Chronic Lobular Hepatitis: A Clinicopathological and Prognostic Study

Authors

  • Yun-Fan Liaw,

    Corresponding author
    1. Liver Unit and Department of Pathology, Chang-Gung Memorial Hospital, Lin-Kou Medical Center, Taipei, Taiwan, Republic of China
    • Yun-Fan Liaw, Chief, Liver Unit, Chang-Gung Memorial Hospital, 199, Tung Hwa North Road, Taipei, Taiwan 105, Republic of China.
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  • Chia-Ming Chu,

    1. Liver Unit and Department of Pathology, Chang-Gung Memorial Hospital, Lin-Kou Medical Center, Taipei, Taiwan, Republic of China
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  • Tong-Jong Chen,

    1. Liver Unit and Department of Pathology, Chang-Gung Memorial Hospital, Lin-Kou Medical Center, Taipei, Taiwan, Republic of China
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  • Deng-Yn Lin,

    1. Liver Unit and Department of Pathology, Chang-Gung Memorial Hospital, Lin-Kou Medical Center, Taipei, Taiwan, Republic of China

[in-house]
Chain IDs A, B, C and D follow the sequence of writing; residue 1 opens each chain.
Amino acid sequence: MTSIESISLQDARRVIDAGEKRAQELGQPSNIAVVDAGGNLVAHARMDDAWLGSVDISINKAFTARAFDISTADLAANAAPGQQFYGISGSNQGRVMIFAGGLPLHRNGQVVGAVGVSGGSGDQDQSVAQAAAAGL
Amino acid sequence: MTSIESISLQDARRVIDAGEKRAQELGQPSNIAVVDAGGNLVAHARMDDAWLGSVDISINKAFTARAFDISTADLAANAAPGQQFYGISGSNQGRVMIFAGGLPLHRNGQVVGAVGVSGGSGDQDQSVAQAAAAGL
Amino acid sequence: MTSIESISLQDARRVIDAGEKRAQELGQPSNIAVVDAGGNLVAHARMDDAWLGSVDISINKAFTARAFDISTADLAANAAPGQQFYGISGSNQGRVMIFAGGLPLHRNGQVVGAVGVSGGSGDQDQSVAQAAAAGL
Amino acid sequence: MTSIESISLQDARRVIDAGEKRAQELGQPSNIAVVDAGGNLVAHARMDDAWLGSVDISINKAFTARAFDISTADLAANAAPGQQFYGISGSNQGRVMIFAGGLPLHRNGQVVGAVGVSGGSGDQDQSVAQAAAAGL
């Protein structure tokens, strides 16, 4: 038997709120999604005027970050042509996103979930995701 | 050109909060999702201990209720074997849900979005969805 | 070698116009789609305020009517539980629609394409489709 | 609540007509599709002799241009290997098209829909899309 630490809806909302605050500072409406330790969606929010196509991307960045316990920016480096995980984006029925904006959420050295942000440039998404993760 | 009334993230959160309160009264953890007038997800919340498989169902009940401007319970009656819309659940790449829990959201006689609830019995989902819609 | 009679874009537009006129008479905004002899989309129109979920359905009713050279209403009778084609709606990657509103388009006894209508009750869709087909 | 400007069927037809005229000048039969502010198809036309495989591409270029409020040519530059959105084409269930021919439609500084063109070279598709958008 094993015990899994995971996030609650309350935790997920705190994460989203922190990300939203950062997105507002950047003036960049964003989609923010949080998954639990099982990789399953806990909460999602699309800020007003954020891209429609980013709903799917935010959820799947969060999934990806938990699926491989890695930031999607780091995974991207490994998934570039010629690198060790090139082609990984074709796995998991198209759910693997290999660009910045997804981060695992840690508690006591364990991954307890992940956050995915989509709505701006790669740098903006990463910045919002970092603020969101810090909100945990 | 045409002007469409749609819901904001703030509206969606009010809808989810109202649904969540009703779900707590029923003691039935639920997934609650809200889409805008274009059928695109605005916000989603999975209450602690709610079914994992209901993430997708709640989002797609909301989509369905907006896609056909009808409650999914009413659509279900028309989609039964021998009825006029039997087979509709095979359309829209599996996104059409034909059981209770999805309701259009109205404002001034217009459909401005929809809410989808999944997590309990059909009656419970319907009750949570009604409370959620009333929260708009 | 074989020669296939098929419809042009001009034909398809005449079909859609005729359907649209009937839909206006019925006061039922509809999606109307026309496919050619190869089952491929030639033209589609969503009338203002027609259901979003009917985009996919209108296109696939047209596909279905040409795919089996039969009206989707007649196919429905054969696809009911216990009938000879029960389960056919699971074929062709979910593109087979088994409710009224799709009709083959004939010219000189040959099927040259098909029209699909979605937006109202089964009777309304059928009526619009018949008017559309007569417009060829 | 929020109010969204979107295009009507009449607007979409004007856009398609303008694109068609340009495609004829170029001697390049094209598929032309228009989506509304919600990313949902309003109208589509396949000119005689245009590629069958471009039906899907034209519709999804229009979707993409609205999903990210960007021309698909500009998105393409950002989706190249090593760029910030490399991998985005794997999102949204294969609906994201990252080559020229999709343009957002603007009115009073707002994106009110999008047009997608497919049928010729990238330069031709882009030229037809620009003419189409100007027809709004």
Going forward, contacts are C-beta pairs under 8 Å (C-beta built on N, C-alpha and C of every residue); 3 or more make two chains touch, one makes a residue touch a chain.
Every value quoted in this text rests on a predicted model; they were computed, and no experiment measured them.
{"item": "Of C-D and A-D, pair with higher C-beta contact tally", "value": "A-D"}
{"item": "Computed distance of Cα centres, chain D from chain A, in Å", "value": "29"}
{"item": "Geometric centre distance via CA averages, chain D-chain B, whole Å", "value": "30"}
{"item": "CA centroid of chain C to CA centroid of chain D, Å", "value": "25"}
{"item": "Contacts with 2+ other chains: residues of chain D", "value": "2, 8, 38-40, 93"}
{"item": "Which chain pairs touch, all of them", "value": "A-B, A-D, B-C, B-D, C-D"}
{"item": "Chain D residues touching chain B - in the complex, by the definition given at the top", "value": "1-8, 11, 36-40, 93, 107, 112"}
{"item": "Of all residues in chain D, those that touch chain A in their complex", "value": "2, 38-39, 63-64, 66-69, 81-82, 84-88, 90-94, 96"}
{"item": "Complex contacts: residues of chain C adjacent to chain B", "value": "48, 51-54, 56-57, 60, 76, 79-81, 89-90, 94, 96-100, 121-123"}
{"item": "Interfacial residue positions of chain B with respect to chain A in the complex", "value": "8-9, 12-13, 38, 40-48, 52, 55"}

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  • Chi-Sin Chang-Chien,

    1. Liver Unit and Department of Pathology, Chang-Gung Memorial Hospital, Lin-Kou Medical Center, Taipei, Taiwan, Republic of China
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  • Cheng-Shyong Wu

    1. Liver Unit and Department of Pathology, Chang-Gung Memorial Hospital, Lin-Kou Medical Center, Taipei, Taiwan, Republic of China
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Abstract

A series of 80 patients with chronic lobular hepatitis (CLH) was reviewed clinically and histologically to demonstrate etiology, clinical presentation, course, and prognosis of this disorder. Data from our study indicate that CLH in Taiwan is a disease of viral origin, mostly hepatitis B (67.5%) and some non-A, non-B. It occurs predominantly in young males (81.3%); frequently commences as acute viral hepatitis (57.5%); and has clinical and laboratory features similar to convalescent viral hepatitis or even indistinguishable from full-blown acute viral hepatitis. Clinical and histological follow-up study indicate that CLH may extend for several years with remissions and relapses. No evidence of progression to cirrhosis was observed at least in a 4½-year period of follow-up. It is concluded that CLH is a persistent but nonprogressive disease although the number of non-A, non-B CLH is too small to ascertain its nonprogressive course. The prognosis is generally good, and no specific therapy is required.

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